When Benevolence Ministry Becomes Risky

Around lunchtime on a Friday, a man entered a Boston-area church and soon left with the church secretary's purse, according to a local news station. The man claimed he needed money to support his five children. After the secretary went to consult the pastor on how to respond, the man—and also her purse—were gone.

The man also approached another church with the same story. That church gave him a $50 Target gift card.

Fortunately, the police caught the man at a local store using the secretary's credit card, according to Fox News.

Benevolence ministry, like all ministries within a church, presents risk. Property, funds, and employees are at risk when doors are open to the public to request money from the church. Policies and preparation can minimize these risks.

Protect Property

"In the course of dealing with a loss, many churches have admitted they were probably too trusting," says Peter Kujak, a senior claims adjuster for Brotherhood Mutual Insurance Company, in Guard Valuables When Others Use Building. "They didn't assume there was a risk from those who came through the doors. They realized too late the need to control access to their building and to lock up valuable items."

A few tips Brotherhood Mutual offers for when outsiders have access to the building:

  • Lock the doors of interior offices, classrooms, and supply rooms when not in use.
  • Restrict access to unused parts of the building. If you cannot control access otherwise, consider installing collapsible metal gates that bolt to walls, such as those you find in schools.
  • Use a safe for petty cash, small valuables, keys, and important documents.

Protect Church Finances

Churches often receive requests for financial assistance, and it's difficult to assess the truthfulness of each request. To help make the decision easier, church leaders can develop criteria for individuals who may receive assistance and determine how benevolence funds should be disbursed, says Dan Busby, president of the Evangelical Council for Financial Accountability (ECFA), in Safeguard the Church Treasury. For church leaders developing a benevolence policy or updating a current one, a sample is included in Benevolence Fund Basics.

Abiding by tax laws for benevolence ministry is also an important way to protect money. For example, in Benevolence Fund Basics, Richard Hammar writes:

Nearly every church has at least one person who is continually in need, or at least continually requests assistance. The IRS grows concerned when the benevolence assistance is regular and continuous. If the person also volunteers at the church, the IRS will likely claim that the payments were wages. If the payment is substantial, the IRS will likely claim that the person is receiving a private benefit, jeopardizing the church's tax-exempt status.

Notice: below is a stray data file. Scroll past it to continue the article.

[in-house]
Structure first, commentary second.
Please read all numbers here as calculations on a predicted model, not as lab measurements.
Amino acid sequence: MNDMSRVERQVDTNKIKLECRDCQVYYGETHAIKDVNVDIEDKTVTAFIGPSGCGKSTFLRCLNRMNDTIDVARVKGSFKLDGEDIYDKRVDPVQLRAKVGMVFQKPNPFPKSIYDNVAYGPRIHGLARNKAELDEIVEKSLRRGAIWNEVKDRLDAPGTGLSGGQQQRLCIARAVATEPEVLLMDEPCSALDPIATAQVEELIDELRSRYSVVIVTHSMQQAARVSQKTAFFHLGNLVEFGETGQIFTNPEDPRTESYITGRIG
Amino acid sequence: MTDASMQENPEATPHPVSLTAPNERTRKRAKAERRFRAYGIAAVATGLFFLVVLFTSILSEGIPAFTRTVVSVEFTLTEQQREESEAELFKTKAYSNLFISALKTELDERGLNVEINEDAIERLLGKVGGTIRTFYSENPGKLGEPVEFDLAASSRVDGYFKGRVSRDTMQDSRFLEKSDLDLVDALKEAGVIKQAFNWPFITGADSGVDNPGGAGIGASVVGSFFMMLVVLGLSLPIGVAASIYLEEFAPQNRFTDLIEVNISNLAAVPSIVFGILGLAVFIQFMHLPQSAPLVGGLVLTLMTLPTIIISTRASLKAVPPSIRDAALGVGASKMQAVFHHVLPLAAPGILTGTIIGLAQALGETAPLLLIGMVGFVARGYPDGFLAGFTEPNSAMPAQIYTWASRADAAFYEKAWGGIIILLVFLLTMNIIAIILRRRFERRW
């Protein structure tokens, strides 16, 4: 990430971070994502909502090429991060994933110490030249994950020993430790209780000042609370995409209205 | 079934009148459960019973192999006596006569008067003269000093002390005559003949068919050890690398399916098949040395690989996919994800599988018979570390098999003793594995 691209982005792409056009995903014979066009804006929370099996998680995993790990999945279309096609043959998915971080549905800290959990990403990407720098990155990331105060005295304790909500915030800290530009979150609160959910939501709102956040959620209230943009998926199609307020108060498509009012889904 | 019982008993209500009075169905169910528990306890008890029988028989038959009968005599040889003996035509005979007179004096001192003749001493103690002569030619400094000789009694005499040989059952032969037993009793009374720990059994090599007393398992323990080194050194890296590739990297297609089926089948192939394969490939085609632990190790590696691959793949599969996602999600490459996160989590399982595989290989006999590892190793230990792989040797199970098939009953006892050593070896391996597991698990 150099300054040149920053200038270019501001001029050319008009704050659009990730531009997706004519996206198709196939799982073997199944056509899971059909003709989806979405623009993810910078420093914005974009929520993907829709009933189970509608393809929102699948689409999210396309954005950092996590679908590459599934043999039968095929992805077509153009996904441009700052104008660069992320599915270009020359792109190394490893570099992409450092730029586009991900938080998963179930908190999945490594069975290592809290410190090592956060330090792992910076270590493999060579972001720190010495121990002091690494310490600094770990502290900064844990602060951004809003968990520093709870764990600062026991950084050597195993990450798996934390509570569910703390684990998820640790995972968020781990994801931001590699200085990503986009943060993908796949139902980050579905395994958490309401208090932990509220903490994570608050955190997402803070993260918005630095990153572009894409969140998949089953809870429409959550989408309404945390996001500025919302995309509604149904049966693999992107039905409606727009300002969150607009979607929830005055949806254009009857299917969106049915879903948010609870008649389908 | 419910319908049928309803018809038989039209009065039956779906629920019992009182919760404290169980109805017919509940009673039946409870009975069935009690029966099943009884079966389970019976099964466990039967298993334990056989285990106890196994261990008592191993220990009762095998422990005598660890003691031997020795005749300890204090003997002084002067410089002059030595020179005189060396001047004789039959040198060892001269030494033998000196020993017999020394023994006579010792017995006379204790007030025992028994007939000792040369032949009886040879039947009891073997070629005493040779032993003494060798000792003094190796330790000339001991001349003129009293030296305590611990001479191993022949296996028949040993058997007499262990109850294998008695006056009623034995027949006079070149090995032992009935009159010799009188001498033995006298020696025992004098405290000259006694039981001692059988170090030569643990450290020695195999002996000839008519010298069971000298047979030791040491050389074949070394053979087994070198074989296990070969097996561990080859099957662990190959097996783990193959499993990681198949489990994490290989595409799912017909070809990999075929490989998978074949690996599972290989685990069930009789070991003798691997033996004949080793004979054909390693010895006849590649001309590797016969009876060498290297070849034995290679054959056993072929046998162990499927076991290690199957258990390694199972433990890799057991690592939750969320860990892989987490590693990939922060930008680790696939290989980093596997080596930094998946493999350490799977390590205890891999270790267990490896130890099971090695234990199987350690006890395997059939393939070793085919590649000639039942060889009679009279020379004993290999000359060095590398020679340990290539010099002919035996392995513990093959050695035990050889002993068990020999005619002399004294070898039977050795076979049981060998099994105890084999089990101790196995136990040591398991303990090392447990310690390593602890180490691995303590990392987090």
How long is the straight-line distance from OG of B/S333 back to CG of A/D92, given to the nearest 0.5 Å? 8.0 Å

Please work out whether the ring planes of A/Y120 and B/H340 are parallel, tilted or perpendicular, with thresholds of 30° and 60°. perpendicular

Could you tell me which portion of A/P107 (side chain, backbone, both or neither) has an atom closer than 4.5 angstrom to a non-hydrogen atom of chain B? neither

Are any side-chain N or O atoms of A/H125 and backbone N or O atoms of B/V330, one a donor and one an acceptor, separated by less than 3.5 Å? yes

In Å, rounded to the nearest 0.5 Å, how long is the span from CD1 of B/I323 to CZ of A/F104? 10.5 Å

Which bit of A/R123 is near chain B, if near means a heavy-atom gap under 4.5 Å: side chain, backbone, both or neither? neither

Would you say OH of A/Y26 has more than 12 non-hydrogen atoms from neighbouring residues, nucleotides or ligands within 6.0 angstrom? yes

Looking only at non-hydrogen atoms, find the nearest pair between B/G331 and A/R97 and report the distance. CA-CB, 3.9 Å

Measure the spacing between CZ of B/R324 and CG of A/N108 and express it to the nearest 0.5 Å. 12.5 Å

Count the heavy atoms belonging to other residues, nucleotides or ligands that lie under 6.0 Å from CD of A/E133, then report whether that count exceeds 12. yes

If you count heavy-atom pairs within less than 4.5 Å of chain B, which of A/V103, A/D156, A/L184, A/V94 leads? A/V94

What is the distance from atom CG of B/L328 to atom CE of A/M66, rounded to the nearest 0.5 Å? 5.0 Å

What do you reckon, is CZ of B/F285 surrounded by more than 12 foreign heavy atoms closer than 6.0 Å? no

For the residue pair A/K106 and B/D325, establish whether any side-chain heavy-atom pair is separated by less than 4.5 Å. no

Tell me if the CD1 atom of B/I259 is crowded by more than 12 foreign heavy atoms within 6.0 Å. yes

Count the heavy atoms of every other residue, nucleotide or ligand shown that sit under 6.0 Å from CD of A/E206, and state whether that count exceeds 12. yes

Hammar goes into more detail about how to comply with these and other tax requirements in Benevolence Fund Basics.

Protect People

Guarding property is valuable, but so is guarding employees. A year ago, a tragedy shook Arlington, Texas, during a weekday afternoon, according to NBC News. A church pastor was murdered and the church secretary was badly beaten.

"Church administrators who are working alone at the church most often are the victims of robbery," says James Cobble in Securing Church Property. "Keep doors locked during regular office hours. Install a remote-controlled door lock that the administrator can activate from the church office. An employee should be able to see who is at the door through a window, a peephole, or through video surveillance."

He also adds:

Create a physical barrier between the reception space used to greet visitors and the administrator. For example, the administrator may be in a locked office that has a sliding window that opens up to the reception area. Or the office may have a counter that separates the administrator from people in the office. Some churches install a ‘Dutch door' in the administrator's office. The bottom half of the door remains locked while the top half is open. The administrator should be seated in a location that enables a natural surveillance of who is outside the office, or who is entering the office.

Benevolence ministry is a wonderful opportunity for churches to follow Scripture's call to love the poor. Even though risks are present, churches can minimize them—and should take steps to do so.